Anyone who has had a premature baby will know how disempowering the experience feels. Your baby will probably in an incubator, be attached to all kinds of bleeping machines and you will probably have to check it is ok to touch them.
Nothing like you expected parenthood to be.
There is, however something that preemie parents can do that will help you all: singing.
Like many expectant mums, I enjoyed singing to my bump. While singing, I would envision singing the same nursery rhymes to my baby in a few months’ time, rocking them to sleep or bouncing them on my knee.
Like many expectant mums, I never expected to give birth prematurely. My son Hugo arrived at just 24 weeks by emergency Caeasarean section because I had preeclampsia and HELLP syndrome.
Hugo weighed just 420 grams when he was born. He hated being handled, and he was four weeks old before we were able to enjoy a skin-to-skin cuddle.
In the meantime, we made do with comfort holding (gently placing your hands on your baby’s head and bottom while they are in the incubator), and helping with nappy changing and washing. Those things helped me feel a bit more like a proper mummy.
I particularly enjoyed singing to Hugo. No one told me to sing to him: it came naturally to me on the night I first met him. I sang the same nursery rhymes that I sang when Hugo was still in my belly: Twinkle, Twinkle Little Star; Baa Baa Black Sheep; and How Much is that Doggy in the Window. It was always these three songs, in that order. They became something of a ritual, or superstition.
The way my singing could calm Hugo was clearly evident. I remember one day when Hugo kept desaturating (his stats were lowering in a bad way, which makes the machines ring in a cacophony of alarms) I would gently sing to him and his stats would rise. The nurse said she had never seen a baby respond so well to their parent’s singing – that was an incredible feeling I will never forget. You so often feel utterly helpless when your baby is in an incubator, and to be able to do something that has a tangible effect on your baby’s well being is wonderful.
Not only would Hugo be calmed by my singing, he also moved around to it. While his nurses nicknamed our son ‘Hugo Boss’ because of his feisty personality, we, his parents liked to call him ‘Boogie Woogie Hugie’ on account of his wriggling to my singing.
I took videos on my mobile phone of Hugo’s wriggle dances. Watching them when I wasn’t in the unit with my baby was a great comfort, and helped me to still feel connected to him. I felt so proud that my son knew who his Mummy is, even though we were separated and most of his care was done by nurses, rather than by me.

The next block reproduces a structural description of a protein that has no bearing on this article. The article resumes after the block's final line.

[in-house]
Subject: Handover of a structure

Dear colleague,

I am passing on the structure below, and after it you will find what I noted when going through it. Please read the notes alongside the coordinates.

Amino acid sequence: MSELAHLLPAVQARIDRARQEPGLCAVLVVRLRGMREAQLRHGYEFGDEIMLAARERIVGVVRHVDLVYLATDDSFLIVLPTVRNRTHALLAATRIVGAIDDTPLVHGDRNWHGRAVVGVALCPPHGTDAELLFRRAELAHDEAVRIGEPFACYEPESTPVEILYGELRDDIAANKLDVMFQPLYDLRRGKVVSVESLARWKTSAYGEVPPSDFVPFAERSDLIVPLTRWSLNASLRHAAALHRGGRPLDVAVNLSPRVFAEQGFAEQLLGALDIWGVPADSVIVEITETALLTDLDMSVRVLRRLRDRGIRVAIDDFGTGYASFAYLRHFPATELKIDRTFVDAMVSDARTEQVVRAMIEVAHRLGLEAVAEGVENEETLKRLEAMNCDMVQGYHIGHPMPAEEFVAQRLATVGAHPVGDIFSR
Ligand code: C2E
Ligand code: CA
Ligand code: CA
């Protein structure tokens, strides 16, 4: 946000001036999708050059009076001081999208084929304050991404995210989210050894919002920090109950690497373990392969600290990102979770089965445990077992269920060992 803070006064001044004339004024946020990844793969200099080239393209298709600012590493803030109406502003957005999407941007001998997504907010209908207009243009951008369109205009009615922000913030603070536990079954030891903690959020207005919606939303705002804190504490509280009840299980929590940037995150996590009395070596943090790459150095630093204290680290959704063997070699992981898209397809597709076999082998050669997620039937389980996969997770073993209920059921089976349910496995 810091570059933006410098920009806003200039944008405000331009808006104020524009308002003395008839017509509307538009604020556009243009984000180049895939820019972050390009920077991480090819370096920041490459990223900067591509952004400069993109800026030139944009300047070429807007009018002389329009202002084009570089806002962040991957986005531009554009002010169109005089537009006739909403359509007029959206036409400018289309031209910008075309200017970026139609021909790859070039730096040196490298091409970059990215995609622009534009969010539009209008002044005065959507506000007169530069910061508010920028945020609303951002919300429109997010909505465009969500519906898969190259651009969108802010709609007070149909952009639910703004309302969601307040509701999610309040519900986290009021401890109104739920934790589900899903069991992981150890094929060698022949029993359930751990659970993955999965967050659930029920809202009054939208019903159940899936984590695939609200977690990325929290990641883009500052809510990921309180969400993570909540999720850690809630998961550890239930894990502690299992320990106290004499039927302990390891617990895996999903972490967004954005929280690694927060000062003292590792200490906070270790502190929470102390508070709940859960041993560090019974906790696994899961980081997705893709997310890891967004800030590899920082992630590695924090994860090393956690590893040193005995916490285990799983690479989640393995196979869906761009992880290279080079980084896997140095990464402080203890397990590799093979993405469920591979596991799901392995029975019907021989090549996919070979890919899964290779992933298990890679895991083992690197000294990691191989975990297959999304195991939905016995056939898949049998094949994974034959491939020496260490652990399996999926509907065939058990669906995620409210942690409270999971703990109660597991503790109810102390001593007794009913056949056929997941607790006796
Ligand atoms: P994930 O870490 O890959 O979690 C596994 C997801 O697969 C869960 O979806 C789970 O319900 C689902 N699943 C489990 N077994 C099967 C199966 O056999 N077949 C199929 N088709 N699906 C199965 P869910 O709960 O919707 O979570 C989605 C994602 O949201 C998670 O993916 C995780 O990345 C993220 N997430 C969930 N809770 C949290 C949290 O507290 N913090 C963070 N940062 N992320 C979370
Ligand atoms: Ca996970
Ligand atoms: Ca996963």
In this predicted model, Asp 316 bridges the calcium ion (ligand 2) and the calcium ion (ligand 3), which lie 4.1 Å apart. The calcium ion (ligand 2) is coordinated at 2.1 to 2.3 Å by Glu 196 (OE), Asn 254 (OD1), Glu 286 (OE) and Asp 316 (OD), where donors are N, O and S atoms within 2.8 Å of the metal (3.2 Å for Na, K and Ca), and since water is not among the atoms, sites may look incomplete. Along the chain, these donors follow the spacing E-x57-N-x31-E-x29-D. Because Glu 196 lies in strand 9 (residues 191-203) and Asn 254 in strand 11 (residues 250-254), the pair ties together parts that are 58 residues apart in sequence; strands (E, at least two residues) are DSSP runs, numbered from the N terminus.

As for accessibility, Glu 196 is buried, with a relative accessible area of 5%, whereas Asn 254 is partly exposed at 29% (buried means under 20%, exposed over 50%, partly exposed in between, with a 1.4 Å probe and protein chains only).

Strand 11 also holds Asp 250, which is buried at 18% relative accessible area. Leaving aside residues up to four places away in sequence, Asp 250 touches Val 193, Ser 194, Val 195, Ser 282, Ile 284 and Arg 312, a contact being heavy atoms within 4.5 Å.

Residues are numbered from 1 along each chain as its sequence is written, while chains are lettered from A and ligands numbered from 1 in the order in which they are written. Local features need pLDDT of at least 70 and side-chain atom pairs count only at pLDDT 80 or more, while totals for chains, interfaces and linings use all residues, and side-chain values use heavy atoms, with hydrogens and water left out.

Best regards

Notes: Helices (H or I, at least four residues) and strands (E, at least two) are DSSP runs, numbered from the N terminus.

This video is one of my two favourites. Do take a moment to watch it – it is less than a minute long. He is rocking out to the nursery rhyme mega mix, and even does air guitar at one point! Hugo was nine days old in the video: his skin is still red and thin.
My other favourite video is of Hugo and I enjoying a skin-to-skin cuddle: he opens his eyes and boogies away to my singing. I remember his little feet kicking my chest. It is more difficult to see him moving though, because he is covered by a blanket.
I was pleased to see that the benefit my singing had for Hugo is backed up by scientific research. The study showed that the babies’ heartrate improved when sung to by their mothers, especially during skin-to-skin care – and that “babies do best when mothers are allowed to be mothers.”
So, if you currently have a baby in a neonatal unit and haven’t yet tried singing to them, give it a go! It doesn’t really matter what you sing. It doesn’t matter how good your singing voice is – as you can hear from the video, I am unlikely to be securing a recording contract any time soon.
If you are able, I would highly recommend taking lots of videos as well as photos. As I have described above, watching the videos is an invaluable way of feeling connected to your baby when you are away from the unit.
If you are fortunate to be able to take your baby home, the videos will form a part of the record of your baby’s journey, and your child will be able to marvel over how tiny they once were.
If, like me, your baby died, the videos are a bittersweet way to remember the time you spent together. Hugo died in my arms aged 35 days. Every possible treatment was tried, but he was too small and premature.
I treasure the photos and videos of my super champion boy.